On July 31st, 2019, a microburst impacted parts of downtown Boston MA as well as nearby Logan Airport, bringing winds in excess of 70 mph to a very highly populated area. Microbursts are fairly normal events, though it is rare (simply due to pure probability) to have one pass over the downtown part of a major city. With that in mind, this is a good time to take a look at microbursts and the science behind them, as well as what made conditions so favorable for microbursts in New England on July 31st (there were at least two more that afternoon farther north in parts of Maine). With a better understanding of what causes these damaging winds, we can be better prepared to predict when they might happen.
The overall setup going into the severe weather event across the East Coast more broadly on Wednesday is very typical of this time of year along the East Coast. A low pressure system way to the north in Hudson Bay dragged a shortwave trough (shown on the 500mb vorticity map above) and attendant surface cold front east through a warm and humid airmass provided by the Bermuda High. Map via weathermodels.com.
This is a loop of visible satellite imagery from a few hours before the thunderstorms that would go on to impact Boston developed. Note the lack of cloud cover over Boston and the surrounding areas. The strong July sun heated up the lower atmosphere unimpeded by clouds, which enabled the temperature at Logan Airport in Boston to rise to 94F before the storms arrived. The very warm temps are important to setting the stage for the microburst for two reasons. First, warmer air near the surface is more prone to rising rapidly upwards if it is ingested by an approaching storm (read more about convective instability here). Second, warmer air can hold more moisture. The amount of moisture in the air near Boston didn’t change much during the first part of the day, but as the air’s capacity to hold moisture increased, its relative humidity (how ‘full’ of moisture a given air parcel is) decreased. Before the storms arrived, the relative humidity in Boston was down to 37% which meant that the air near the ground was ready to absorb lots more moisture.
The moisture arrived around 3 PM as thunderstorms began developing along the a weak boundary shown in the radar loop above. The thunderstorms produced no shortage of raindrops due to the moisture-laden airmass just above the surface. That’s the process that began the chain reaction which eventually led to the microburst.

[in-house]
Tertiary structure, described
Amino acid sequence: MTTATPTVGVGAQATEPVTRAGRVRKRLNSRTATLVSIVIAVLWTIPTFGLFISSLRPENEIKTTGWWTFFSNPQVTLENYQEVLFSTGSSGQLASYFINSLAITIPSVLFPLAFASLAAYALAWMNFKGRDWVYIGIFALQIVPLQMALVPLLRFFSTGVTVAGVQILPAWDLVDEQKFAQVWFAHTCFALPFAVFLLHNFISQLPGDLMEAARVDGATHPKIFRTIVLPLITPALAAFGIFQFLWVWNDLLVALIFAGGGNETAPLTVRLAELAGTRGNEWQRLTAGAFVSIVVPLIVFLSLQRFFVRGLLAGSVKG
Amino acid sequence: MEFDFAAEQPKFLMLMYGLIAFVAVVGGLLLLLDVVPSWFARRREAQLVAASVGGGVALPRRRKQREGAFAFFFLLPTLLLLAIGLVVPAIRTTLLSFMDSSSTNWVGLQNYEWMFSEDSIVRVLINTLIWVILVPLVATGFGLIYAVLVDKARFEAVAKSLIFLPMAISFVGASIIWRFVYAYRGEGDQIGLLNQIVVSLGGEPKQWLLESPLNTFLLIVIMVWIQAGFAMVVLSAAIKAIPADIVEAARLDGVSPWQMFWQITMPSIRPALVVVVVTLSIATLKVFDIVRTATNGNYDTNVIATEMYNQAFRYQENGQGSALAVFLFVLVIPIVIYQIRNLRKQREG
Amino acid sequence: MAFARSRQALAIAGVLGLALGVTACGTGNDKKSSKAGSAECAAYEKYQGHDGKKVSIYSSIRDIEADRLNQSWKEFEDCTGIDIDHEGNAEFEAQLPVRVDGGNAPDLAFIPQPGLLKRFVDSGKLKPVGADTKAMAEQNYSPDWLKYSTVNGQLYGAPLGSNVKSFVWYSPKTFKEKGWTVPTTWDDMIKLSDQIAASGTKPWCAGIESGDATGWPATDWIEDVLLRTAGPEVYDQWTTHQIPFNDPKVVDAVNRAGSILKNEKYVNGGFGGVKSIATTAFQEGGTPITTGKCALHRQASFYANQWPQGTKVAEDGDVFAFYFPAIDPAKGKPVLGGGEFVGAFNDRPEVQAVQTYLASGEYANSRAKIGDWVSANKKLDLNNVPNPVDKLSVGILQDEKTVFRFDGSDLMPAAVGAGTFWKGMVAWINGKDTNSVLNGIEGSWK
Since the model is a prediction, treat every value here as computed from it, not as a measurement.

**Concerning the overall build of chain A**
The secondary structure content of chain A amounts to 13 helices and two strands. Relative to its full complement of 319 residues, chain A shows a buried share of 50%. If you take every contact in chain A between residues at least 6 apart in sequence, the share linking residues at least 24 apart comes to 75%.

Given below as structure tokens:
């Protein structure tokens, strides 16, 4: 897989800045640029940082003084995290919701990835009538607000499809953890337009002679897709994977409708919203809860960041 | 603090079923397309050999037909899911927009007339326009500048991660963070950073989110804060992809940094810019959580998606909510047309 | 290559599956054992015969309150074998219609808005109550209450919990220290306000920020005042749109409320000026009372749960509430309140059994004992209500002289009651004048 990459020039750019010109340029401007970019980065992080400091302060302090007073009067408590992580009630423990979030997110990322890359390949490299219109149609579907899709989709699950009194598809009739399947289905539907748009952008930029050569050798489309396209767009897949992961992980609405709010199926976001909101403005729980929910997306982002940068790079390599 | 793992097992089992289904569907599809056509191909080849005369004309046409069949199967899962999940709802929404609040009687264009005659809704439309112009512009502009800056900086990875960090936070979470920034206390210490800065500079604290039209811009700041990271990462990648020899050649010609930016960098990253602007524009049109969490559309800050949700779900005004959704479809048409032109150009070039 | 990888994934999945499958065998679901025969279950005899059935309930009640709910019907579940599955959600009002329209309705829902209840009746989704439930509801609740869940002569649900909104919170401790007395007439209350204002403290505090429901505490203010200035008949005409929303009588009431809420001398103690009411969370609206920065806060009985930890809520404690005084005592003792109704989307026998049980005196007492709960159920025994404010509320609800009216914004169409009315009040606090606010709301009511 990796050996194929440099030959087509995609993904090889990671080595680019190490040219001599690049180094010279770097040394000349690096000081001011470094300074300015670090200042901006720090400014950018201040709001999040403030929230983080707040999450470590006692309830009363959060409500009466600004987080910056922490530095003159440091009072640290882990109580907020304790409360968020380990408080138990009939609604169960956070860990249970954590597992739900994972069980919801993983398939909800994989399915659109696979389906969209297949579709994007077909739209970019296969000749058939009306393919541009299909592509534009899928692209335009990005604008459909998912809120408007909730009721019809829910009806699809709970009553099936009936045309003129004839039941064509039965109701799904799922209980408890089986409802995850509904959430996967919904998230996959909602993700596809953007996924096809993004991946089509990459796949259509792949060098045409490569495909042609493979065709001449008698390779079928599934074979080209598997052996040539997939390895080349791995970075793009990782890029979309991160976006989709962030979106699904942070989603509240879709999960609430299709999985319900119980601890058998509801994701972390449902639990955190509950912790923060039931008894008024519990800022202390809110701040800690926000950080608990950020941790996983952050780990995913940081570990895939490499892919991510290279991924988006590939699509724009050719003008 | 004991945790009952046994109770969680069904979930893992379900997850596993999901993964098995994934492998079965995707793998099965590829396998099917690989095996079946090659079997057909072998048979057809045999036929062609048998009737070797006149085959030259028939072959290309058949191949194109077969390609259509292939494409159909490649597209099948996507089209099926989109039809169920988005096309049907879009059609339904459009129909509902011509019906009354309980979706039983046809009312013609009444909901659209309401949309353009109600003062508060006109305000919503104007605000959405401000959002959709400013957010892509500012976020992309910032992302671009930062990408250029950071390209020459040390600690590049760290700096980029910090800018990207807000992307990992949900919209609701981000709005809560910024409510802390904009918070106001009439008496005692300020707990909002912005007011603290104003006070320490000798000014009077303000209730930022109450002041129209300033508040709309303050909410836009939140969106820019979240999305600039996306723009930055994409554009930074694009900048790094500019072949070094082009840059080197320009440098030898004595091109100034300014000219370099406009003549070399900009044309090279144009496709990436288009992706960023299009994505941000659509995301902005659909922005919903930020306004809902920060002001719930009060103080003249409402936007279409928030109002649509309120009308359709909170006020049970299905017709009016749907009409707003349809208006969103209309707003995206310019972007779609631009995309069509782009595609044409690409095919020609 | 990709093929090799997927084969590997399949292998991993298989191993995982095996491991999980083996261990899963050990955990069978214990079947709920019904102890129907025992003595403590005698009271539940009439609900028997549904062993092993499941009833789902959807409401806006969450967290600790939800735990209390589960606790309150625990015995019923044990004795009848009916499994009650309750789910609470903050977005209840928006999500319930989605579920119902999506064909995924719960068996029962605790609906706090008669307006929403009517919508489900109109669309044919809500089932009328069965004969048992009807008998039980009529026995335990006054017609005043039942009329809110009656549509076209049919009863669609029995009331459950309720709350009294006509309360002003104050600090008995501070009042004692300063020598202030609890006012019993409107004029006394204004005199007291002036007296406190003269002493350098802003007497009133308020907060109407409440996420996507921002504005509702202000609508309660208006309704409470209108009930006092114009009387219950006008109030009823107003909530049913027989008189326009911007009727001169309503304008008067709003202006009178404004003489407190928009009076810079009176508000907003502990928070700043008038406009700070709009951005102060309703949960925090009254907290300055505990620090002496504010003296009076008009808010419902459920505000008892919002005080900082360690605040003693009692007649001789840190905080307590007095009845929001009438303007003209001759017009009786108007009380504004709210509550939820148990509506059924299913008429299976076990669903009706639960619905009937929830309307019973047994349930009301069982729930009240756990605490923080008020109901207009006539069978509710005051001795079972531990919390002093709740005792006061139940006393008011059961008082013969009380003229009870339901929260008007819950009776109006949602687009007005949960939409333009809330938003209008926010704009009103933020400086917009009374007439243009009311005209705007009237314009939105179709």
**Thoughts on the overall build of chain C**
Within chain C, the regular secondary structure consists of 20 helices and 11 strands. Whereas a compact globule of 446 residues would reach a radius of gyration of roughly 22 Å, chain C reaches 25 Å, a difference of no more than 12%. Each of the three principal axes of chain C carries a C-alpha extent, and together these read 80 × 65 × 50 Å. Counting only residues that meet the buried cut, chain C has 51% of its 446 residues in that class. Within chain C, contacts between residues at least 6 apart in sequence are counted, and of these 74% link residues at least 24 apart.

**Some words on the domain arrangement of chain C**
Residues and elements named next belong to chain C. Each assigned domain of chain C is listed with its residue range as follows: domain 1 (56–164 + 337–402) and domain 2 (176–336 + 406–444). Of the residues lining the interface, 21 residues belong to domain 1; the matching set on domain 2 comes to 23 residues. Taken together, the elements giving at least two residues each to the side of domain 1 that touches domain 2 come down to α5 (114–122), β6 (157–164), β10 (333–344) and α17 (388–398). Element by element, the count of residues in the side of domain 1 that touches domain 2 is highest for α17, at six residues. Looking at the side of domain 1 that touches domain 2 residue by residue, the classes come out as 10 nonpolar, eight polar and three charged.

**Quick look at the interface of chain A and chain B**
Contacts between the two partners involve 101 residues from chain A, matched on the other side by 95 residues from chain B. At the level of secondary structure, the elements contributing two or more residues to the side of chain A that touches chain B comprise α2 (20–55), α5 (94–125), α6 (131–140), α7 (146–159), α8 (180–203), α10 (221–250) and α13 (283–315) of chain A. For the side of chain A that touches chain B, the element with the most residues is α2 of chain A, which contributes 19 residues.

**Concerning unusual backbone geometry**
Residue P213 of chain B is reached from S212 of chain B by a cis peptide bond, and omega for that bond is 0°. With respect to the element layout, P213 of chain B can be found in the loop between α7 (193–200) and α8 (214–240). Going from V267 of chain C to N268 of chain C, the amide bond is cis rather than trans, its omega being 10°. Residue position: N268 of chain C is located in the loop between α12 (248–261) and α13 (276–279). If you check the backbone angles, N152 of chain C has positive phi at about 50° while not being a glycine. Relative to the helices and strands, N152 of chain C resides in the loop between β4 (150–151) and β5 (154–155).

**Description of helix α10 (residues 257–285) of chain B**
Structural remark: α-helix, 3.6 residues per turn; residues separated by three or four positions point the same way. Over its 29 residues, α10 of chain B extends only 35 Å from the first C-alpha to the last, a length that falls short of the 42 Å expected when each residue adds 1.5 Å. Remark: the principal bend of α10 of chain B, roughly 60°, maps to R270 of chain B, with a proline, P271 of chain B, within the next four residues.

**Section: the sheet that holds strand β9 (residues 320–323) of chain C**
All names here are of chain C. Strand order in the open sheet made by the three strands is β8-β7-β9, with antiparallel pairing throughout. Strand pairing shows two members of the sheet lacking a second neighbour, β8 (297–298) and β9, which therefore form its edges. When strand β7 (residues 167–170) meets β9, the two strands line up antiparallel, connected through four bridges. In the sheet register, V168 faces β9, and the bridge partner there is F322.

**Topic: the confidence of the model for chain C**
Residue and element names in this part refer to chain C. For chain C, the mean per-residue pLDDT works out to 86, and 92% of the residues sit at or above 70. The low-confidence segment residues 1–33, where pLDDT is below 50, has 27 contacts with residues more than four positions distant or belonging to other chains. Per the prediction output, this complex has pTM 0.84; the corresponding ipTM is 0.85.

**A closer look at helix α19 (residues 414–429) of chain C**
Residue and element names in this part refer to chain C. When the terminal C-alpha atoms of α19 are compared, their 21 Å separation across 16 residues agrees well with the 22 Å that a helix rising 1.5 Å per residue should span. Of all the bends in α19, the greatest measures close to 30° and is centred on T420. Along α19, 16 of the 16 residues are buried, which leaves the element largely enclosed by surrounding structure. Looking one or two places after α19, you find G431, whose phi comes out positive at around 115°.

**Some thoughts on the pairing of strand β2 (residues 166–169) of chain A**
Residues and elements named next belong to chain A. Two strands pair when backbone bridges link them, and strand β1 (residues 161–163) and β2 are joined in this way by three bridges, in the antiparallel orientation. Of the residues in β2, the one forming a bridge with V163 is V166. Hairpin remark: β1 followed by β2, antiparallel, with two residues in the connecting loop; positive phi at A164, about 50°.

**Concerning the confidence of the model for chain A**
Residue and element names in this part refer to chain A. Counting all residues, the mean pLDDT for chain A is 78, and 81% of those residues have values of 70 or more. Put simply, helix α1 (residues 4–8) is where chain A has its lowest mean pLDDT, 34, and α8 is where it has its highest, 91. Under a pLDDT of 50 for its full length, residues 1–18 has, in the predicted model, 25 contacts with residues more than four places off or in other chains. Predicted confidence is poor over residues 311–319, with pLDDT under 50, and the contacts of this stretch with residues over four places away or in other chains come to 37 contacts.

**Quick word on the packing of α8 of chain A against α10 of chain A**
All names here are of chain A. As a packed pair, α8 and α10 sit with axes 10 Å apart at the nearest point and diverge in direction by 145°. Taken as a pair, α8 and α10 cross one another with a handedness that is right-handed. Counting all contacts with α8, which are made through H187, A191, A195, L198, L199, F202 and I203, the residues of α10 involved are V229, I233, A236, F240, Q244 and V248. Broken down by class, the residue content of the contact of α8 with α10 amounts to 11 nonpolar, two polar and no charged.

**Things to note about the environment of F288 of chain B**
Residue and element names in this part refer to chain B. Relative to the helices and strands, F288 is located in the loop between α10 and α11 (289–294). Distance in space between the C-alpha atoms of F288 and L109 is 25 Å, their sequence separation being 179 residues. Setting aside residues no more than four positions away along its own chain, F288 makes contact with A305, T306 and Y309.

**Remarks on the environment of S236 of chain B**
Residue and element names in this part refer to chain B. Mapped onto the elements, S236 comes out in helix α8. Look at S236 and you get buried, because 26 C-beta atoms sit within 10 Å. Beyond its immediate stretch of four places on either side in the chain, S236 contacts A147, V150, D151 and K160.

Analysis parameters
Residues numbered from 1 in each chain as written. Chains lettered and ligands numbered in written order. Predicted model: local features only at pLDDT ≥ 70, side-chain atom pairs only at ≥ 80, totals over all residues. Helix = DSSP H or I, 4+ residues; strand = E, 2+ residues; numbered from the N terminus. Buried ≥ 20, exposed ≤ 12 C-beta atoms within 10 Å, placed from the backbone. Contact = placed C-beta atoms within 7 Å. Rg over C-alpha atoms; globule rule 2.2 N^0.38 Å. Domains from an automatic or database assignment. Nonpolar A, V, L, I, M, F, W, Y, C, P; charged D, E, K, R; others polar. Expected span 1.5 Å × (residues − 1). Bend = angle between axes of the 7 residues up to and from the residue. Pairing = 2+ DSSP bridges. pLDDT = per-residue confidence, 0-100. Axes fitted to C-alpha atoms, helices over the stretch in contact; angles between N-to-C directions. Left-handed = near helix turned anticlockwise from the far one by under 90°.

Here’s a look at that process from a schematic perspective. The developing stage is shown in the radar loop above. Warm/moist air rises, it accelerates upwards due to the density difference between warm/moist air and the relatively cooler/drier environment, and the moisture in the rising air condenses into raindrops. Eventually, those raindrops get too heavy to be supported by the updraft and they start to make their way towards the ground. This is where they encounter that area of relatively dry air (with the low relative humidity indicating that there’s plenty of room for more water). The raindrops then start evaporating to ‘fill’ the dry air’s empty water vapor capacity. This evaporation results in cooling, and thus the air in/below the storm becomes colder. Cold air is less dense than warm air, so the cold air then heads for the ground. As the blob of evaporationally cooled air crashes into the ground, it spreads out, resulting in very strong winds.
This process was visible over Boston on radar imagery just after 3:45 PM. The map above displays winds detected blowing towards the radar, located south of Boston, in green and winds blowing away from the radar in red. You can see that there was a strong signal of diverging winds (winds blowing in opposite directions) just south of Boston, with the city itself positioned in the region of strongest southerly/southwesterly winds. Strong northerly winds are visible just north of the suburb of Milton MA.
Some of the videos shared on twitter of the event were pretty amazing.
— Brian Michael (@Brian_Mic) July 31, 2019
The weather station at Logan Airport reported a gust to 74 mph as the storm went through. Microbursts can produce some pretty intense wind!
Next time you have thunderstorms arriving with low RH values in the low levels, watch out for potential microbursts!